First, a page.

Cellulitis is a spreading acute infection of the skin and subcutaneous tissues
characterized by erythema, warmth, swelling, and tenderness. It may be
classified as mild and uncomplicated, severe, high risk, or necrotizing.
Etiology and Clinical Features
Most cases of cellulitis are mild and uncomplicated.
They are caused by group A streptococci or Staphylococcus aureus. Diffuse erythema,
swelling, and tenderness develop over 2 to 4 days. In an extremity, a red line
along the course of lymphatic vessels indicates accompanying lymphangitis.
Enlargement and tenderness of regional lymph nodes are common. Fever, malaise,
and chills often are present.
Orbital cellulitis is a rare complication of sinusitis and carries a risk of
blindness, brain abscess, and meningitis. Erysipelas usually follows a
streptococcal sore throat and usually affects the young and the elderly. The
infection involves the dermis and the lymphatic vessels and manifests as pain
and bright-red peau d'orange lesions with advancing red borders that are
sharply demarcated from normal skin. Erysipeloid is a form of cellulitis that
occurs among workers who handle fish, meat, and poultry. It is caused by the
gram-positive bacillus Erysipelothrix rhusiopathiae. About 1 week after a minor
injury to the hand, a violaceous painful area appears. As the central area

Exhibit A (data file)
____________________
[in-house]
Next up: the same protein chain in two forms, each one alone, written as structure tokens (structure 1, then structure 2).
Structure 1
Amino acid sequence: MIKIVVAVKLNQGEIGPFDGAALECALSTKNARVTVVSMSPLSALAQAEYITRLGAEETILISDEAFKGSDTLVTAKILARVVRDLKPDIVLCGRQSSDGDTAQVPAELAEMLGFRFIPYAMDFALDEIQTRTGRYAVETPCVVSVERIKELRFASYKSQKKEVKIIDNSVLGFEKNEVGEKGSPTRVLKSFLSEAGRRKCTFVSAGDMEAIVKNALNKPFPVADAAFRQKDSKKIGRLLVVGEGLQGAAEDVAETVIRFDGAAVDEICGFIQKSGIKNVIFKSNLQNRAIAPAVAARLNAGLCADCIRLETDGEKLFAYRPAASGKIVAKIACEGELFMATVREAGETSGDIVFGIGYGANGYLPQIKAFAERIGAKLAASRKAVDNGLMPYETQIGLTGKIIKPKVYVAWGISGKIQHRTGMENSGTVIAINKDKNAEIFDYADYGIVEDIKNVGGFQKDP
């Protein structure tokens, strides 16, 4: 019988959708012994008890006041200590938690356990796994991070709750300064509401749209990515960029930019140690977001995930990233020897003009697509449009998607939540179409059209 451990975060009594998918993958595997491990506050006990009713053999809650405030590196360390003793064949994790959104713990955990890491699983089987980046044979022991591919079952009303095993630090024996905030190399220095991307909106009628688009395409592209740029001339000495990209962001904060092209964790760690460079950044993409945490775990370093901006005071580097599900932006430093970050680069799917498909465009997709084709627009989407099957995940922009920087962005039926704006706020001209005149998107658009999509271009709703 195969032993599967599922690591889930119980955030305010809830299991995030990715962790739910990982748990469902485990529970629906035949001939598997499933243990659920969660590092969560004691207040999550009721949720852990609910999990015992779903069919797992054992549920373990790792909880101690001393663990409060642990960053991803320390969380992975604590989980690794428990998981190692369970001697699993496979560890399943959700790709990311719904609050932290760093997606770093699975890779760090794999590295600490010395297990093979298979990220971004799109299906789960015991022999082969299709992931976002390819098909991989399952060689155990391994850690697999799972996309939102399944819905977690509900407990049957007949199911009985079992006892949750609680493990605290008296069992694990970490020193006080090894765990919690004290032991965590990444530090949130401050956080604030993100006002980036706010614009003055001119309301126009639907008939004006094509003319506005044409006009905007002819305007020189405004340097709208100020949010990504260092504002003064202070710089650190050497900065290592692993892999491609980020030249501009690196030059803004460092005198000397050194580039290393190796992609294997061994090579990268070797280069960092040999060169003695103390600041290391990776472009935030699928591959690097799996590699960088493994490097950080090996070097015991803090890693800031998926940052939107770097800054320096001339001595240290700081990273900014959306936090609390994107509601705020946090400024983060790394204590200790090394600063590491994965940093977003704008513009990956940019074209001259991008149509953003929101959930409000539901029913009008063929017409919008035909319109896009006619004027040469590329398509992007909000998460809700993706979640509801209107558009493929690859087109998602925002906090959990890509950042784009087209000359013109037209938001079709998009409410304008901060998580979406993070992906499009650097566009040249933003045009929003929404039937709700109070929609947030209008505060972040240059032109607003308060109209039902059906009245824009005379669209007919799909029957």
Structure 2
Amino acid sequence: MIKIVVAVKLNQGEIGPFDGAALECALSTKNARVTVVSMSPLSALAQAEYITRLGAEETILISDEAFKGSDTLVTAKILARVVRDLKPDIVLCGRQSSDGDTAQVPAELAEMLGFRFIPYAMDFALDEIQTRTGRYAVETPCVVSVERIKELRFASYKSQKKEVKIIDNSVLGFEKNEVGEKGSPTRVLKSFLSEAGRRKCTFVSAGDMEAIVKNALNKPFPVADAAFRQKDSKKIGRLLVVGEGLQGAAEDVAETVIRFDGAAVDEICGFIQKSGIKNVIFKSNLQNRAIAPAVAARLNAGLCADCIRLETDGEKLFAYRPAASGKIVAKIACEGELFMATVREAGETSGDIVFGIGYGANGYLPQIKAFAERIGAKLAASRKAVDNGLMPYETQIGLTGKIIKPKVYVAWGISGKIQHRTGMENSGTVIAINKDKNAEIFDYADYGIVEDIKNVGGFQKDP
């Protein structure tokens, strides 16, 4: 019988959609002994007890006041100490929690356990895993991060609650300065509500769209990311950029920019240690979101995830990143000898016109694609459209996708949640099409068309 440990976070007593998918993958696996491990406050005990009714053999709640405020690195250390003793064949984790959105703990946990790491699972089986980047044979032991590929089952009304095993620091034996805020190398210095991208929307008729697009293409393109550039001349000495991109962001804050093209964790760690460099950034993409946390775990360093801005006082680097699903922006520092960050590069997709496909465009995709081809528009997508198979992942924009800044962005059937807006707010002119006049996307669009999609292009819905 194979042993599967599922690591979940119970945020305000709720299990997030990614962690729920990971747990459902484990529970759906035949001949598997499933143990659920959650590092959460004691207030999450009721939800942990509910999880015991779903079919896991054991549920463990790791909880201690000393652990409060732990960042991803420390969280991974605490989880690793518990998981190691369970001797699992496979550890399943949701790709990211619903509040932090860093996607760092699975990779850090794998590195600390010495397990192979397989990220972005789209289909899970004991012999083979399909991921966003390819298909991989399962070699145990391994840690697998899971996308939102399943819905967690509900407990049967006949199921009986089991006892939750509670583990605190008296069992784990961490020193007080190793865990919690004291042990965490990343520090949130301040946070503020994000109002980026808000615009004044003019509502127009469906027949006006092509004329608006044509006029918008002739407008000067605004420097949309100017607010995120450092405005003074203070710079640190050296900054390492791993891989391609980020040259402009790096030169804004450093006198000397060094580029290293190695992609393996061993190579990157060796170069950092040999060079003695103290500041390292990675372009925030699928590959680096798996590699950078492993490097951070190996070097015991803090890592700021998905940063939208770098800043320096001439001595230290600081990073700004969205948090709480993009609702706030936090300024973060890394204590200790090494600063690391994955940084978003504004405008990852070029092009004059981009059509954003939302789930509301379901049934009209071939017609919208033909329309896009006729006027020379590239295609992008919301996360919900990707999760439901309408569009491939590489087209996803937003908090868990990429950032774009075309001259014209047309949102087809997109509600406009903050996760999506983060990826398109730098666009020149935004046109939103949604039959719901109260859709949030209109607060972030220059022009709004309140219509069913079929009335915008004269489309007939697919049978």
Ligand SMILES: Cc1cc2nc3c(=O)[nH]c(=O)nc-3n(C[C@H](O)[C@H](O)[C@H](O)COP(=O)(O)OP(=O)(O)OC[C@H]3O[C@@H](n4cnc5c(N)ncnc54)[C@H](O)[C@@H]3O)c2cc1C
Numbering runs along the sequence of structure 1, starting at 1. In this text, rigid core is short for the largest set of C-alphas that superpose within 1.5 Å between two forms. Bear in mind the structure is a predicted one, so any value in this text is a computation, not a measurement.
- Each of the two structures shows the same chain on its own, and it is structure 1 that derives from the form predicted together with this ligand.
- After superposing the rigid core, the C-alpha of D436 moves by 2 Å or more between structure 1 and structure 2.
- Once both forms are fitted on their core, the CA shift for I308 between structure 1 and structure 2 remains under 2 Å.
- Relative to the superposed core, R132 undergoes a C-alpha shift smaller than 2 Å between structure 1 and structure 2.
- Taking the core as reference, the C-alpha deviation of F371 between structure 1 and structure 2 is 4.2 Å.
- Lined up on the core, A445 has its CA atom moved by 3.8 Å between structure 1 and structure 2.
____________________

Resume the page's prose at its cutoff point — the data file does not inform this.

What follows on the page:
clears, the lesion spreads outward with distinct raised borders. Animal and
human bites of the hands are potentially dangerous because of tissue damage and
secondary infection. Pasteurella multocida often infects dog and cat bites, and
Eikenella corrodens often is implicated in human bites. Deep infections such as
tenosynovitis are particularly common after human bites. Necrotizing cellulitis
is a serious gangrenous soft-tissue infection often associated with the
presence of anaerobic bacteria, tissue toxins, and bacterial synergy. It should
be suspected when a patient has edema out of proportion to erythema, skin
vesicles, crepitus on palpation or air in the tissues
on a radiograph, local anesthesia, or patchy gangrene of the skin.
Most cases of cellulitis can be managed simply on an
outpatient basis. Severe, complicated, or high-risk infections necessitate